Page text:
The DC-8 we're flying was built in the late 1960s for Alitalia. NASA bought it in the early 1980s, based it at the Dryden Flight Research Center in the Mojave Desert and spent two years converting it into a science platform. The crew consists of two pilots, a flight engineer, navigator, two safety techs, and the lead and assistant mission managers, who coordinate the scientists’ requests with the flight deck. Some of the windows have cloth covers to prevent glare; the safety techs have taken many of these and moved them to cover windows at the rear of the aircraft so that they can watch movies and sleep in darkness. The crew is a mix of laid-back Californians and more uptight ex-military. There is also a civilian expert on the navigation instruments, and two system administrators for the aircraft intranet. We even have an onboard copier/printer.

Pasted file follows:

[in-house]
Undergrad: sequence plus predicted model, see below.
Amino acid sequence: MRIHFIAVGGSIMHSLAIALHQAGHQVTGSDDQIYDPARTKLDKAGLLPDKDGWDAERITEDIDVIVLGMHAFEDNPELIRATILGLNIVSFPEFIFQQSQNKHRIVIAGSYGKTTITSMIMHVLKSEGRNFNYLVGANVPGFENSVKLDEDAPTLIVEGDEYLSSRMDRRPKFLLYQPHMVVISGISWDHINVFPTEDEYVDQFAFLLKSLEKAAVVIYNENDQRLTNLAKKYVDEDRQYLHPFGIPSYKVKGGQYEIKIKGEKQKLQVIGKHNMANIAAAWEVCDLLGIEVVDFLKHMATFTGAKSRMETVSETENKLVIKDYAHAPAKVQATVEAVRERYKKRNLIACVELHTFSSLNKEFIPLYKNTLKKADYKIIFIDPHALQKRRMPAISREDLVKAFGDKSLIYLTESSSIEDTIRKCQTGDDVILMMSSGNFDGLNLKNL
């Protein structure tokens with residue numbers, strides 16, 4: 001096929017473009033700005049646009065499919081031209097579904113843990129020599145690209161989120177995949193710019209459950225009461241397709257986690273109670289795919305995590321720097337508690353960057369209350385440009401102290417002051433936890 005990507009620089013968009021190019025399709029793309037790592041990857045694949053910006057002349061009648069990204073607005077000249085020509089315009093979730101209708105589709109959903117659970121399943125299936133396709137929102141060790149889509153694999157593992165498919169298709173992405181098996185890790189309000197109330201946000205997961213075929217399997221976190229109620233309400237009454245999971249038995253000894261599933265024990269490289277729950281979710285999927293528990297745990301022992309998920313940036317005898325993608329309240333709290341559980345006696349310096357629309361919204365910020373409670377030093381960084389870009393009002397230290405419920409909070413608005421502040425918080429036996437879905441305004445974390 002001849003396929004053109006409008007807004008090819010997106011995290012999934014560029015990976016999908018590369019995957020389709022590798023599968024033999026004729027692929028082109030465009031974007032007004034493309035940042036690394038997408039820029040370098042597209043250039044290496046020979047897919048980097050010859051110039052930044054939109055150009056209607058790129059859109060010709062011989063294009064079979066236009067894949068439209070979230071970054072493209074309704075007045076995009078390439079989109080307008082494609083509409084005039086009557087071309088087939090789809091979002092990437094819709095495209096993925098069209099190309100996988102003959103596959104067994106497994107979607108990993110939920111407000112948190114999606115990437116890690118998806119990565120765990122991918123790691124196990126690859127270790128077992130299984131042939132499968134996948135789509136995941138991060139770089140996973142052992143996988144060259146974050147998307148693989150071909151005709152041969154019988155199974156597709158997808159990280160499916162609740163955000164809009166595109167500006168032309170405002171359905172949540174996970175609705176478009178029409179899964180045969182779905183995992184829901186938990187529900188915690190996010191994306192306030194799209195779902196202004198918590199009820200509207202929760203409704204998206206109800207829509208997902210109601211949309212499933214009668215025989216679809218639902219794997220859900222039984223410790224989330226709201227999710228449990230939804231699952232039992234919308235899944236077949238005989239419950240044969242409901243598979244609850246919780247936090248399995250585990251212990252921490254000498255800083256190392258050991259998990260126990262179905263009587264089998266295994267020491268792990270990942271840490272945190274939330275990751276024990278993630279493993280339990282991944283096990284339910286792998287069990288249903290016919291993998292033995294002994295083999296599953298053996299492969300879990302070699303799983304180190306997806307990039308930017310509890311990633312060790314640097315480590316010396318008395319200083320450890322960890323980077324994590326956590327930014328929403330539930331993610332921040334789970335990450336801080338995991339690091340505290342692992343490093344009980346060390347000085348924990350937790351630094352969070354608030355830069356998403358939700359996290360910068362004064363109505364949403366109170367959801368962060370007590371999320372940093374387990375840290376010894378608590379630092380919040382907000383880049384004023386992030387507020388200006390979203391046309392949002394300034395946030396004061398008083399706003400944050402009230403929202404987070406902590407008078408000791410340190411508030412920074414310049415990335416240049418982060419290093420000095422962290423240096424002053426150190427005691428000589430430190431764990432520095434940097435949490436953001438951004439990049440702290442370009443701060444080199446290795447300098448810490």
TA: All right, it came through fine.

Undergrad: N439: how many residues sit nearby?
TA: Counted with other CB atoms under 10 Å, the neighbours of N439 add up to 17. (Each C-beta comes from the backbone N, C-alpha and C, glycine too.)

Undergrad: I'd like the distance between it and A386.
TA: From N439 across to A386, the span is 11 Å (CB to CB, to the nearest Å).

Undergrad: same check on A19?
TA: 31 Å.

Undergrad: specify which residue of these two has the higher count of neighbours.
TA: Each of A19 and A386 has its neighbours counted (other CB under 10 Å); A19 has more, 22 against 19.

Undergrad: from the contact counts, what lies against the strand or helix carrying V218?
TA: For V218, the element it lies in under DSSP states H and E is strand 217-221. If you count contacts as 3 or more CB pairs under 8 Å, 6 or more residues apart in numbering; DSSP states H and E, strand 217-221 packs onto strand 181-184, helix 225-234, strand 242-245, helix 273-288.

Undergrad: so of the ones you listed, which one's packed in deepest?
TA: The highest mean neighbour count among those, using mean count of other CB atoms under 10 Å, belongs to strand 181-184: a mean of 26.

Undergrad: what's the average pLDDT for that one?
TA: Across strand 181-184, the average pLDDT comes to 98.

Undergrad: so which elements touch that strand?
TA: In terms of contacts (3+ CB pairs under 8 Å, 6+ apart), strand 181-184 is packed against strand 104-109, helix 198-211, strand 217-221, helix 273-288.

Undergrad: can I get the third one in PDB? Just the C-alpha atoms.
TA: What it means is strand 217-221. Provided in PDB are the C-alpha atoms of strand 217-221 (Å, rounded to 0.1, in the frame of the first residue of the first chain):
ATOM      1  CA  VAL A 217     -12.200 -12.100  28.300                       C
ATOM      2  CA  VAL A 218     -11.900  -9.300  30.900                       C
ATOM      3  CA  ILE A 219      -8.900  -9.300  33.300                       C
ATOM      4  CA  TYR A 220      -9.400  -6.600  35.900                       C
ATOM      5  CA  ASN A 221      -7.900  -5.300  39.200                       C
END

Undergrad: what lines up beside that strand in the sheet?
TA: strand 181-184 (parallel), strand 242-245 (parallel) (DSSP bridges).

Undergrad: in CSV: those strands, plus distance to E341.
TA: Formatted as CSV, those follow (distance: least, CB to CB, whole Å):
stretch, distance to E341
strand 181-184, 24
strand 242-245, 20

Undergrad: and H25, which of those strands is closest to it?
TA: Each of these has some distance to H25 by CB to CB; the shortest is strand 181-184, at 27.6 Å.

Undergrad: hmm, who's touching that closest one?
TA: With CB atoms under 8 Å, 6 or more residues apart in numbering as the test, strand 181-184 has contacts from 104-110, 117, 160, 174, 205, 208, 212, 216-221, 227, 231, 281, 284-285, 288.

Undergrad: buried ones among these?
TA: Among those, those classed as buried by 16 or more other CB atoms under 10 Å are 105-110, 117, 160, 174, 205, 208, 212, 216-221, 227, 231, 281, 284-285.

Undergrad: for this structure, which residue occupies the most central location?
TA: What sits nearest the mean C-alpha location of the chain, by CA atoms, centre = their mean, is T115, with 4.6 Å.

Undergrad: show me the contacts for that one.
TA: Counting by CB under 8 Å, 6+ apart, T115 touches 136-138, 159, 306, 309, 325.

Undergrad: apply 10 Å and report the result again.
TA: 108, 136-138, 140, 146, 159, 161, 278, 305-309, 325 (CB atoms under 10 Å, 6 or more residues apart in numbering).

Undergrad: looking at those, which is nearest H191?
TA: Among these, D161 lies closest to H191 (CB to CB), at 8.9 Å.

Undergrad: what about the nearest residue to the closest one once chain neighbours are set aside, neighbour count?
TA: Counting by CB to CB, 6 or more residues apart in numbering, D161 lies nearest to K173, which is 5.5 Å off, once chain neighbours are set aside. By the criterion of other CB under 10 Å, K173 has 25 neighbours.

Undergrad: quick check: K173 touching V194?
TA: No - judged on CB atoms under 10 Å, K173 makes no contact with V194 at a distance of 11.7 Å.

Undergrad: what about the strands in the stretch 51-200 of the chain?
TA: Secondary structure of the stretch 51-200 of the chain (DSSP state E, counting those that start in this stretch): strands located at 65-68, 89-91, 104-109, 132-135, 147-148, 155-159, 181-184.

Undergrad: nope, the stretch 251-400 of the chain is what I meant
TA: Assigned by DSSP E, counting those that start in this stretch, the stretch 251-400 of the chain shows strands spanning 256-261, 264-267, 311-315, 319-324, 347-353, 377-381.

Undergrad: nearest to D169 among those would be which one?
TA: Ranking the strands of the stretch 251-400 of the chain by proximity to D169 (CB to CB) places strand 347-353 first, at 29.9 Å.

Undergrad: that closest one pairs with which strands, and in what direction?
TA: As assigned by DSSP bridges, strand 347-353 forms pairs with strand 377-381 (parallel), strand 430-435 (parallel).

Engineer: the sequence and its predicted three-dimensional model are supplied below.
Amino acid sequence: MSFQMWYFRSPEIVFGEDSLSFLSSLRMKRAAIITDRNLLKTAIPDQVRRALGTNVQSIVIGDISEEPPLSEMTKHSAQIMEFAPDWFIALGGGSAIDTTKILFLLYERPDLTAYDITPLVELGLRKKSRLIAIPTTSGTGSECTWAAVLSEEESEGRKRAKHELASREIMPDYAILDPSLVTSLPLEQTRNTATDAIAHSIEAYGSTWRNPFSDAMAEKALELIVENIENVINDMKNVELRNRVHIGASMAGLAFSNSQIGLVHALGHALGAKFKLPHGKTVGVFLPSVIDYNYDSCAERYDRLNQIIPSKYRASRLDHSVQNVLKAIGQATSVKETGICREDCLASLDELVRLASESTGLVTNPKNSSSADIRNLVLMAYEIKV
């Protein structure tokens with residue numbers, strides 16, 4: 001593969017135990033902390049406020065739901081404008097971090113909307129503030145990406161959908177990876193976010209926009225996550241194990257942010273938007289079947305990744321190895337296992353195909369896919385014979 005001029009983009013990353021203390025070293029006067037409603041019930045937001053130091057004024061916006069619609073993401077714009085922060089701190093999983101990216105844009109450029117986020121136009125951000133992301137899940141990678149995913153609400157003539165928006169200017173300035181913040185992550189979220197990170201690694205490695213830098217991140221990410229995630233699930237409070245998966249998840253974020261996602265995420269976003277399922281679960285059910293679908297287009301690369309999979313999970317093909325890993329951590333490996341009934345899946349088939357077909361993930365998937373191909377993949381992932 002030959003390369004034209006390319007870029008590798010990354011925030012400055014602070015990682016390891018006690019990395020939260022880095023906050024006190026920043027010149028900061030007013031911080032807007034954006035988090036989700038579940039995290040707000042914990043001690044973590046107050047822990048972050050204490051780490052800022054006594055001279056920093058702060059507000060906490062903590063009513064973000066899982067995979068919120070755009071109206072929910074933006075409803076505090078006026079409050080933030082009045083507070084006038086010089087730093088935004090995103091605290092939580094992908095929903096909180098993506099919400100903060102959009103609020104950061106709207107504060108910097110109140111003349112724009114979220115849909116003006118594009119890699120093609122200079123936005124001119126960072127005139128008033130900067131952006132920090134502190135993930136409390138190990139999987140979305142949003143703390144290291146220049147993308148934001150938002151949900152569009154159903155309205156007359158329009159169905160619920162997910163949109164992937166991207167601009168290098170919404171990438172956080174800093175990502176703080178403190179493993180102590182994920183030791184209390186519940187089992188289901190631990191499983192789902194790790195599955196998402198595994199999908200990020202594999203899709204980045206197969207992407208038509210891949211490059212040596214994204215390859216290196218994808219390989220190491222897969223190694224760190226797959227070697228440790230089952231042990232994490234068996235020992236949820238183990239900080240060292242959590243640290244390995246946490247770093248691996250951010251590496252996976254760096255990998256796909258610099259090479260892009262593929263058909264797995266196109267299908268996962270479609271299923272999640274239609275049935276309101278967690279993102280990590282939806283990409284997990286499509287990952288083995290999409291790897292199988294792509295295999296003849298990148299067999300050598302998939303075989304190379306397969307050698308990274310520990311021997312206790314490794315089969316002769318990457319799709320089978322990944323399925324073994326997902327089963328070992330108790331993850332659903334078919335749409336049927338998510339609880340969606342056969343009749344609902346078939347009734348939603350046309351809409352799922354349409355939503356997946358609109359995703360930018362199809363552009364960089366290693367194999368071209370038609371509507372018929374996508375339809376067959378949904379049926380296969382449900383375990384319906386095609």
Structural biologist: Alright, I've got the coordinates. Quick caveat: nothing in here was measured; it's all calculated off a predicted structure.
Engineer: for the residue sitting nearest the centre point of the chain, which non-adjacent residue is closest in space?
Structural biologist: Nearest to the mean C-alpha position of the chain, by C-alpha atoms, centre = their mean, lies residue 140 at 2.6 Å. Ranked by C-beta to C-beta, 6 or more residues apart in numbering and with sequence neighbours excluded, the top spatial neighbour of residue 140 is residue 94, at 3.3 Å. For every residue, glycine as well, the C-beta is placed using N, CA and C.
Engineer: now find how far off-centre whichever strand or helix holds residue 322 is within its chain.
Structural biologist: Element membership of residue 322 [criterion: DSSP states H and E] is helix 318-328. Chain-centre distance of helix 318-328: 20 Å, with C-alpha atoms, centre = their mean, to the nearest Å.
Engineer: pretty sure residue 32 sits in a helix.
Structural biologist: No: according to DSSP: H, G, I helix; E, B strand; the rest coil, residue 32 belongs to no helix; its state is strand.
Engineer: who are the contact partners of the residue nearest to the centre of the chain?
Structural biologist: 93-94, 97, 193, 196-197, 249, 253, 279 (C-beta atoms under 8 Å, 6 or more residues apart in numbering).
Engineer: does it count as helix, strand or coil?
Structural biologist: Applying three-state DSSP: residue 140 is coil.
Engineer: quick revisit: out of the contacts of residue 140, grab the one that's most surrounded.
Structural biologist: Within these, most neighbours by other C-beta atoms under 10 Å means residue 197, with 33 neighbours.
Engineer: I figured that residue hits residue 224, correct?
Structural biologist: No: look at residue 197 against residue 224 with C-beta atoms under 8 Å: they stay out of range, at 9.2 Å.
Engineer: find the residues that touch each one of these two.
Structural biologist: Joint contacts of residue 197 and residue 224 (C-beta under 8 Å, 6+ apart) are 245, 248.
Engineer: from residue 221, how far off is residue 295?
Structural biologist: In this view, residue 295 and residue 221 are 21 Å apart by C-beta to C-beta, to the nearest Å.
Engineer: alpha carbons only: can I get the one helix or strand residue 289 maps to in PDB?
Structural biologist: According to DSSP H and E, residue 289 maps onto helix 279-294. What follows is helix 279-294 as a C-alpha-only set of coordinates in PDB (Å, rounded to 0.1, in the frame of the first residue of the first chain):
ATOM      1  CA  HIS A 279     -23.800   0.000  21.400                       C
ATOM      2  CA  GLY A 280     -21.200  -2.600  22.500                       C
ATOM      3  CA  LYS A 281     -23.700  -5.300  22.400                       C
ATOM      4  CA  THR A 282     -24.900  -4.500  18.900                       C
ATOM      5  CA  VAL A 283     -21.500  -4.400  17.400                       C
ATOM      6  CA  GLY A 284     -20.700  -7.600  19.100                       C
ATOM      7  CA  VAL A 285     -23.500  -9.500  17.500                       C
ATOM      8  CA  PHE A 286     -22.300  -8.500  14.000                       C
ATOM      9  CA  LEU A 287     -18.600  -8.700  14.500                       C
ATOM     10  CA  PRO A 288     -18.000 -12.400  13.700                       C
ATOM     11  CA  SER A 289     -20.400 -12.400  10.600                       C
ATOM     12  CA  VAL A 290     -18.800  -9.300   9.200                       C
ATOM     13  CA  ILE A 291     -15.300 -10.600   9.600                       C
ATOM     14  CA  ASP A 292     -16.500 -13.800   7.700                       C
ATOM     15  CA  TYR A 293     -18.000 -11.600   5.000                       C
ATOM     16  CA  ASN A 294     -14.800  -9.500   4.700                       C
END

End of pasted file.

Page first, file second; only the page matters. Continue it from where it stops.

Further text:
The science experiments consist of the following: four atmospheric trace gas experiments that suck air into cabin analyzers through window-mounted ports; two sets of profiling lasers for determining the elevations of the ice sheets and sea ice; a digital mapping camera; a gravimeter that measures changes in gravity to a tenth of a mille-gal; and two radars, one that measures snow thickness on sea ice, the other an ice penetrating radar that can see the bedrock through two kilometers of ice. There are fourteen scientists onboard from the US, Singapore, China, England, Canada and Germany: three women, eleven men, and a good mix of senior scientists, post-docs and graduate students. The gravity team is not onboard; they simply set up their instrument, then let it run while they stay grounded in Punta Arenas, since they have no way to do an onboard reboot. The bad news is that their experiment has to be heated at night, which means that two people must be on the aircraft to monitor the heater, one NASA Dryden person and one gravity person. This is a normal lab; we eat cup-of-noodle soups, oranges and apples, as well as the usual junk food. A NASA photographer who came on board for a couple flights said she had a hard time making videos and taking photographs because the scientists were always eating.